The experience in the recently-opened Tralee Bay Wetlands Centre is that it’s the children that get most enjoyment from seeing the animals and birds. The centre was a busy place when we visited on a rainy day last week, with plenty of families around, paddling on the lake and enjoying the walks that take people through the habitats of birds.
Measuring just over 20 acres and located on the western edge of Tralee, it is in an important area that includes a Natura 2000 site with a diverse range of coastal habitats of national and international importance.
Tralee Bay is a Special Area of Conservation (SAC) that also includes a number of other EU-protected areas with salt marsh vegetation and mudflats which are extremely important wintering habitat for several threatened wildfowl species, including golden plover and bar-tailed godwit.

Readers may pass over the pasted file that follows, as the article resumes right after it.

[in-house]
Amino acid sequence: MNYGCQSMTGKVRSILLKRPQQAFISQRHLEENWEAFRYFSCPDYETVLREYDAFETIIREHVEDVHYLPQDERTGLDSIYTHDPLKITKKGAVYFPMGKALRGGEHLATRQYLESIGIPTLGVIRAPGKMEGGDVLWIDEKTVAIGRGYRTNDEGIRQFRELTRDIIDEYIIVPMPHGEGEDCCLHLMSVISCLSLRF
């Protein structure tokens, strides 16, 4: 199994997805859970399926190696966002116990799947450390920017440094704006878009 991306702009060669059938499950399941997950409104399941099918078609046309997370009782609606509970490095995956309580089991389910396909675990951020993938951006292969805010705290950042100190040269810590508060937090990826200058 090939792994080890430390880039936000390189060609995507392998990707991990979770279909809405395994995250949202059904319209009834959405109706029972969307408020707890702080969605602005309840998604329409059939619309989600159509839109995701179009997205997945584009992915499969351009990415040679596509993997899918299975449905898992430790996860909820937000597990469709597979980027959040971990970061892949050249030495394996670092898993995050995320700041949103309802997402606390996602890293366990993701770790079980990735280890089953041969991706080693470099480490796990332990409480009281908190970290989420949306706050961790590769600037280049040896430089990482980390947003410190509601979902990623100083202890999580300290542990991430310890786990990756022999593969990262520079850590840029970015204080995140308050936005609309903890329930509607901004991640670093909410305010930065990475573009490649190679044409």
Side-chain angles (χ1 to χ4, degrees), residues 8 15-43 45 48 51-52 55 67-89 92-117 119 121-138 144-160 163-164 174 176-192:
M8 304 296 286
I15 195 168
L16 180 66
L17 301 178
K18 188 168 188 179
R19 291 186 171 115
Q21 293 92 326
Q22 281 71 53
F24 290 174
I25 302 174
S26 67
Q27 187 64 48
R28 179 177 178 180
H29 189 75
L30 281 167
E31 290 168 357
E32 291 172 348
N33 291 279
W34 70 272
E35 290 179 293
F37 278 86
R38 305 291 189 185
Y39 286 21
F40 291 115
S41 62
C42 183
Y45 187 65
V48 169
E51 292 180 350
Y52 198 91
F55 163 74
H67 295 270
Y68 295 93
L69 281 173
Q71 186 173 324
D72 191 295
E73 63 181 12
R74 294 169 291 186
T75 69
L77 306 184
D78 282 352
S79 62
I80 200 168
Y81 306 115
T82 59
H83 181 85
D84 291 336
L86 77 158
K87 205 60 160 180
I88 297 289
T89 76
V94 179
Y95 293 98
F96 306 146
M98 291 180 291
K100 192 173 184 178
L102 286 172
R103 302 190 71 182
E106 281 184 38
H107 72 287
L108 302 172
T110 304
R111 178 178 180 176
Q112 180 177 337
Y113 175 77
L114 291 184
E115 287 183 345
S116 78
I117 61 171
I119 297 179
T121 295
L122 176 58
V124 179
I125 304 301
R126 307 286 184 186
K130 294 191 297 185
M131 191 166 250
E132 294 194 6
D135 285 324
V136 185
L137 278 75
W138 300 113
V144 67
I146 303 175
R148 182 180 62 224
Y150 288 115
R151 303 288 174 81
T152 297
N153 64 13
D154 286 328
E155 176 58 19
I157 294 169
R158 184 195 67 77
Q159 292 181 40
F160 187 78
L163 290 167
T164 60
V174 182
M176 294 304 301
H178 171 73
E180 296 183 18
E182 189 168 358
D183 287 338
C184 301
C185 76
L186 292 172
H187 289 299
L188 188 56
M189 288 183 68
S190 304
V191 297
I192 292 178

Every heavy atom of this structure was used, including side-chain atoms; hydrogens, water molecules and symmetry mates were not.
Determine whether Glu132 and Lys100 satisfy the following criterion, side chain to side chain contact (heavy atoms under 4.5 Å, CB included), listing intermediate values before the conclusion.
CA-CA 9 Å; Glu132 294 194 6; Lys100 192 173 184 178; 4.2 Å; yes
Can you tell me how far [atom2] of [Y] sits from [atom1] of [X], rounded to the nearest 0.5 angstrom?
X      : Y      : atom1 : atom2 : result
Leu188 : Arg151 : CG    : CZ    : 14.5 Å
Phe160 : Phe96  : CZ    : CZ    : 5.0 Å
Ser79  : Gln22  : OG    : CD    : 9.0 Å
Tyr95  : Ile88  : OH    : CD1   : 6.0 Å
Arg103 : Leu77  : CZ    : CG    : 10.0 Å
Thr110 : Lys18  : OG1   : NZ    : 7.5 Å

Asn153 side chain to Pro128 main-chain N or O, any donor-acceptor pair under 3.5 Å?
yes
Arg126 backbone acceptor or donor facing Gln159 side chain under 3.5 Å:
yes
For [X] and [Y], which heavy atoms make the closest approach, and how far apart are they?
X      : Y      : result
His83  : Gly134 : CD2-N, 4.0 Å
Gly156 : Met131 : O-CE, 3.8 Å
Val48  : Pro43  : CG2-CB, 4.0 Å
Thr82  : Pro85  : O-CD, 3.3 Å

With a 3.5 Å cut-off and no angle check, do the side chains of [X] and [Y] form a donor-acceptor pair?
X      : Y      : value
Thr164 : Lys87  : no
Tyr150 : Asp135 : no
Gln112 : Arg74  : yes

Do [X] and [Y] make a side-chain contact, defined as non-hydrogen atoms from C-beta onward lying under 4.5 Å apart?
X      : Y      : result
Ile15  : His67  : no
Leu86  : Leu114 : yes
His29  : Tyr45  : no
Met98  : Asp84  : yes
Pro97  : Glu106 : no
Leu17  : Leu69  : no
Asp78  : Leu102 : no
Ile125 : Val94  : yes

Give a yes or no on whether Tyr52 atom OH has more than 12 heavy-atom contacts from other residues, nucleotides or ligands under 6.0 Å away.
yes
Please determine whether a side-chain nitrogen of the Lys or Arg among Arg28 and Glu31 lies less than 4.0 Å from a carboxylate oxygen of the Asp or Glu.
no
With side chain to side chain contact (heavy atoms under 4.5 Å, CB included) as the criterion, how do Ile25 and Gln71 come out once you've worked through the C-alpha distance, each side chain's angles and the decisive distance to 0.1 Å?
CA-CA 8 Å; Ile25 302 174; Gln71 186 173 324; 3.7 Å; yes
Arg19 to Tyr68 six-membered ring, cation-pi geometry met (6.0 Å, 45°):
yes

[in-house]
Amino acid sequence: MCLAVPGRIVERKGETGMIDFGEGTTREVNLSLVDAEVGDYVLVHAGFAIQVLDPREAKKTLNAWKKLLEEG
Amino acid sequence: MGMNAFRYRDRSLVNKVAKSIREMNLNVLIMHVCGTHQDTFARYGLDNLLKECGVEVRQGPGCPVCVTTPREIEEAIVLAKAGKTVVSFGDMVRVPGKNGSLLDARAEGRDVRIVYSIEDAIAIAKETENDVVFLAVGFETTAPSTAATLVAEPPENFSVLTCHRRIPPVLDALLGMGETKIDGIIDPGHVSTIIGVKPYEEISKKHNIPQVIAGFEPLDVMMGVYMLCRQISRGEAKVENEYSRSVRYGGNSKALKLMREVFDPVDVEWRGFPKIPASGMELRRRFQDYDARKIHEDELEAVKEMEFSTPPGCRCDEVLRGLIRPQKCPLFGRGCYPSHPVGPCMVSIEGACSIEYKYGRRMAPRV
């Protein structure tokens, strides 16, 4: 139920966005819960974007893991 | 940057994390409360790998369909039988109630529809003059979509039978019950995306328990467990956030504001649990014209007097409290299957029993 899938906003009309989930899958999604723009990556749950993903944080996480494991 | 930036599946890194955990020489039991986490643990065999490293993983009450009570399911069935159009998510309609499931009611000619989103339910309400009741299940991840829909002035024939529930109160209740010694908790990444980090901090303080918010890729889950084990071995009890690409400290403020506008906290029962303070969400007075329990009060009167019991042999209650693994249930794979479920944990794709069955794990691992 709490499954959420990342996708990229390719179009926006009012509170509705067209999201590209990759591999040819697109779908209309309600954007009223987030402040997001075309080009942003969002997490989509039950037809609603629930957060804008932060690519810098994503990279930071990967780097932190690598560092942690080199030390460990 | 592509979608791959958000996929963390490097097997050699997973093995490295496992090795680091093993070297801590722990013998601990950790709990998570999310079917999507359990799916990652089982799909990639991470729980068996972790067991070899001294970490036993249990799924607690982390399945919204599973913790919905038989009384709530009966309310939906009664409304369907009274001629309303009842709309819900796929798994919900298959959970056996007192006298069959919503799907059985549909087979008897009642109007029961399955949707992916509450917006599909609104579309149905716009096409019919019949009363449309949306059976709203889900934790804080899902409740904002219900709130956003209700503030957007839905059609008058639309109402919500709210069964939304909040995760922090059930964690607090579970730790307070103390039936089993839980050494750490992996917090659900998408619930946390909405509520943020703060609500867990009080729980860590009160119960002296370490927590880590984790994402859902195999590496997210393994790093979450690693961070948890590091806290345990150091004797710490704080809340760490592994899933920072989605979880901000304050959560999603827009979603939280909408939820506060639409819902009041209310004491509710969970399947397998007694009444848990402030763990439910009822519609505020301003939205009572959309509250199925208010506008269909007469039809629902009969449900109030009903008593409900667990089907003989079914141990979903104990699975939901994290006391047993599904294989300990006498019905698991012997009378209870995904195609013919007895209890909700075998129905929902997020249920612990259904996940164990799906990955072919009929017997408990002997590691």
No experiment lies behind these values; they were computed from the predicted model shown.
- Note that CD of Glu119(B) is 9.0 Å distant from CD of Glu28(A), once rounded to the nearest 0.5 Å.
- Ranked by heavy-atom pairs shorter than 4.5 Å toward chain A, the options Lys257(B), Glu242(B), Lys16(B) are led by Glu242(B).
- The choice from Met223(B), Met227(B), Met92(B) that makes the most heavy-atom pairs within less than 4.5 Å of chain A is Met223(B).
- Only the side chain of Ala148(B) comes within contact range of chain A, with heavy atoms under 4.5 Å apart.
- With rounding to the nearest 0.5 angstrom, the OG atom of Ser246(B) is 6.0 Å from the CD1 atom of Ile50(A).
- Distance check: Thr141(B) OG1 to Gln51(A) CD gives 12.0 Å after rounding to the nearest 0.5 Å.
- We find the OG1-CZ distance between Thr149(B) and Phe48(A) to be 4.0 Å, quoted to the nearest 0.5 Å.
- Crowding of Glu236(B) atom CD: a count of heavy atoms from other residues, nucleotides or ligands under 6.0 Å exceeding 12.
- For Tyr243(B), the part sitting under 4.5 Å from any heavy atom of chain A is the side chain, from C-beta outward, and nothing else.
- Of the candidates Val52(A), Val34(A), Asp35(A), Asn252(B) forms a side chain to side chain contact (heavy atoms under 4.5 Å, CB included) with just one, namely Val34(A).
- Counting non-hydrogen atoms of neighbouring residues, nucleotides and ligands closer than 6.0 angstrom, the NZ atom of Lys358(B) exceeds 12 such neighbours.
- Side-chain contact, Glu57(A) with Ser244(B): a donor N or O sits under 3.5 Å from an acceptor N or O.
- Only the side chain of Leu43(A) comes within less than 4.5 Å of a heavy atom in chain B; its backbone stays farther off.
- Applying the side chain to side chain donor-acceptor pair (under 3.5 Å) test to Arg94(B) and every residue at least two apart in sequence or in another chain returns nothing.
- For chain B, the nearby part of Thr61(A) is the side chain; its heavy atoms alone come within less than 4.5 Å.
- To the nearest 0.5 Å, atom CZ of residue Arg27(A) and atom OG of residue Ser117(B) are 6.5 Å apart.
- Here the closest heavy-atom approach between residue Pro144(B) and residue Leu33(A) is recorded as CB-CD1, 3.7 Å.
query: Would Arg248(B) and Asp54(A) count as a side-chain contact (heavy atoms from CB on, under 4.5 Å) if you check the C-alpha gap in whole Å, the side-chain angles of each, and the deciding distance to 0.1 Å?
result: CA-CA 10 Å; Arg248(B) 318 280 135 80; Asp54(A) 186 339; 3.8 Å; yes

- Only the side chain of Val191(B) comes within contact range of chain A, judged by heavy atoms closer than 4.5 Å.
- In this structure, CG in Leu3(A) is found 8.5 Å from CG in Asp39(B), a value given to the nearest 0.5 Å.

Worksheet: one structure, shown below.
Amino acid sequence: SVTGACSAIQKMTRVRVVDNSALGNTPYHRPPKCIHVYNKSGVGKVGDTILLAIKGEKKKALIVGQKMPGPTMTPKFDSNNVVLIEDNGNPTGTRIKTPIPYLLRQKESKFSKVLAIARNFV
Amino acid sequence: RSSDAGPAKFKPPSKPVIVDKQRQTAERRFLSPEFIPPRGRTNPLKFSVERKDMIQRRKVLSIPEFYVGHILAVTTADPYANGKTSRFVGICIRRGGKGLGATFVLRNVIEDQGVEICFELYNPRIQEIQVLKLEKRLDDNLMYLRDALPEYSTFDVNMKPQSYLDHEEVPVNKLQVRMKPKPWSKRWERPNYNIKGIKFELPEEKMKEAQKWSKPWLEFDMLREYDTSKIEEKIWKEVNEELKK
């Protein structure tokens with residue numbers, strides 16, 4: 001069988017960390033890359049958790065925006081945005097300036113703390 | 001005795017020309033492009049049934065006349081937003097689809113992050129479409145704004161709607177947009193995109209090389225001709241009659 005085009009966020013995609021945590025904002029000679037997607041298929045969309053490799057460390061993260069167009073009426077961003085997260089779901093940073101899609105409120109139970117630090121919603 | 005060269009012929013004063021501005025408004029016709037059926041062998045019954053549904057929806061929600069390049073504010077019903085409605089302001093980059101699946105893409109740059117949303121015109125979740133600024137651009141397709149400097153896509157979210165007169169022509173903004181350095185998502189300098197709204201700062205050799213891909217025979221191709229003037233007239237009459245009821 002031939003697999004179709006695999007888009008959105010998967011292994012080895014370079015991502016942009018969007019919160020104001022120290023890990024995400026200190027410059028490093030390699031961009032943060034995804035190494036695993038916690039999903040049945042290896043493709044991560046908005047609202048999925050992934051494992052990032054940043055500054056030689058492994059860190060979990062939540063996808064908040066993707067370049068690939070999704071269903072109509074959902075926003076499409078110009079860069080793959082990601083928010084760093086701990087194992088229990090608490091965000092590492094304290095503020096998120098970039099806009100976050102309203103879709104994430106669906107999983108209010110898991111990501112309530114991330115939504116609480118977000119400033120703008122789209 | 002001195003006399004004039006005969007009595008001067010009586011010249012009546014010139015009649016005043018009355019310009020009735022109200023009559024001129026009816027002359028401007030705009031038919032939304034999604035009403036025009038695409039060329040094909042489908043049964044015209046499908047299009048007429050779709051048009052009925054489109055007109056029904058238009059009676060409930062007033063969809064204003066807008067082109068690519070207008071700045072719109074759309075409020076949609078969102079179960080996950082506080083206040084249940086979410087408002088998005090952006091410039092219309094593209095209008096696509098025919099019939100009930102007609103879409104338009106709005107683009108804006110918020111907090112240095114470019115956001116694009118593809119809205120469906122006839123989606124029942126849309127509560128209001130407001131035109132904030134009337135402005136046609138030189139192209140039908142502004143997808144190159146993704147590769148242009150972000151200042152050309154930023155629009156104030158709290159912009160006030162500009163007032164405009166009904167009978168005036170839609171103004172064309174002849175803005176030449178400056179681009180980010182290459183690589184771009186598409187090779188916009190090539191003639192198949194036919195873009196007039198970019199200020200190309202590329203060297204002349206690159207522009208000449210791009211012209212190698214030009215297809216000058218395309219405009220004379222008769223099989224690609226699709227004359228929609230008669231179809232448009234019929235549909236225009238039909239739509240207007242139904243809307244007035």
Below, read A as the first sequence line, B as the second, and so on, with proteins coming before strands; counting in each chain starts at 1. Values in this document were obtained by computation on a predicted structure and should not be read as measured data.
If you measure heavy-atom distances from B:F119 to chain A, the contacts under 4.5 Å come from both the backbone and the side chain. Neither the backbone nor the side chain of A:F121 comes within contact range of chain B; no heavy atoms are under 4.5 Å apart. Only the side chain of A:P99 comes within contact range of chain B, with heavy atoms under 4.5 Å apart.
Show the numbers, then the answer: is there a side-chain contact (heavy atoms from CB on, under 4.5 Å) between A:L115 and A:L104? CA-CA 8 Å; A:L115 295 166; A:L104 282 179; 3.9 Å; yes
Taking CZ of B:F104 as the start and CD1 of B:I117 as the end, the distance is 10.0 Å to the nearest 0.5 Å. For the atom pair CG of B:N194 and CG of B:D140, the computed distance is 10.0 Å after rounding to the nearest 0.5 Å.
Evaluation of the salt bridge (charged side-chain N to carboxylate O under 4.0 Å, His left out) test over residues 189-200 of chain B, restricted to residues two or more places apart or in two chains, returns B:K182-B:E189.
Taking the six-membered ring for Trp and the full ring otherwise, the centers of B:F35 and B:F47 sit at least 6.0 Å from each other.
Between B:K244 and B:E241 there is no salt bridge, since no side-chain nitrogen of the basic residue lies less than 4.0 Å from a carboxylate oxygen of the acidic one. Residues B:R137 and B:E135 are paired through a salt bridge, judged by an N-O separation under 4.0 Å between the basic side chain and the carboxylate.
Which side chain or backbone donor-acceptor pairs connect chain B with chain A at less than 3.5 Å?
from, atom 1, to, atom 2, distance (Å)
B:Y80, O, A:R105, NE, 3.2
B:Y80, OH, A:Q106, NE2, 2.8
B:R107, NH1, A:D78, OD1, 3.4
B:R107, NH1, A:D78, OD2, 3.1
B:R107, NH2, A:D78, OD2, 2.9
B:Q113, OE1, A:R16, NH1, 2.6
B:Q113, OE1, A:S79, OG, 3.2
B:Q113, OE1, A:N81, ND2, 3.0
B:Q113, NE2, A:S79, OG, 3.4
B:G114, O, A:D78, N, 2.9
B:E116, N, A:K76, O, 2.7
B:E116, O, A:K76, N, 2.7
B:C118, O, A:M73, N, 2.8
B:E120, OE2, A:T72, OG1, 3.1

The Maharees sand dunes are among the best examples of threatened habitat in Ireland, supporting what is believed to be the largest breeding population of the protected natterjack toad.
A principal aim of the €4.5m centre, dominated by a 20m viewing tower, is to promote and raise awareness of the hugely varied natural world almost within touching distance of the site. As resident ecologist David McCormack pointed out, they have created many little examples of the different wetland habitats in Tralee Bay.
It supports a range of animal, bird and insect life, including otters and newts, and the audiovisual department offers an insightful introduction to all of that. There are programmes for children of all ages, from primary school tours up to field biology and geography courses for the Junior and Leaving Certificates.
Also, strong links have been forged with Tralee Institute of Technology, which has several students conducting research on wetland habitats in the centre. A resident pair of mute swans has raised two families, while herons, mallard, little egrets and various migrant warblers are all thriving.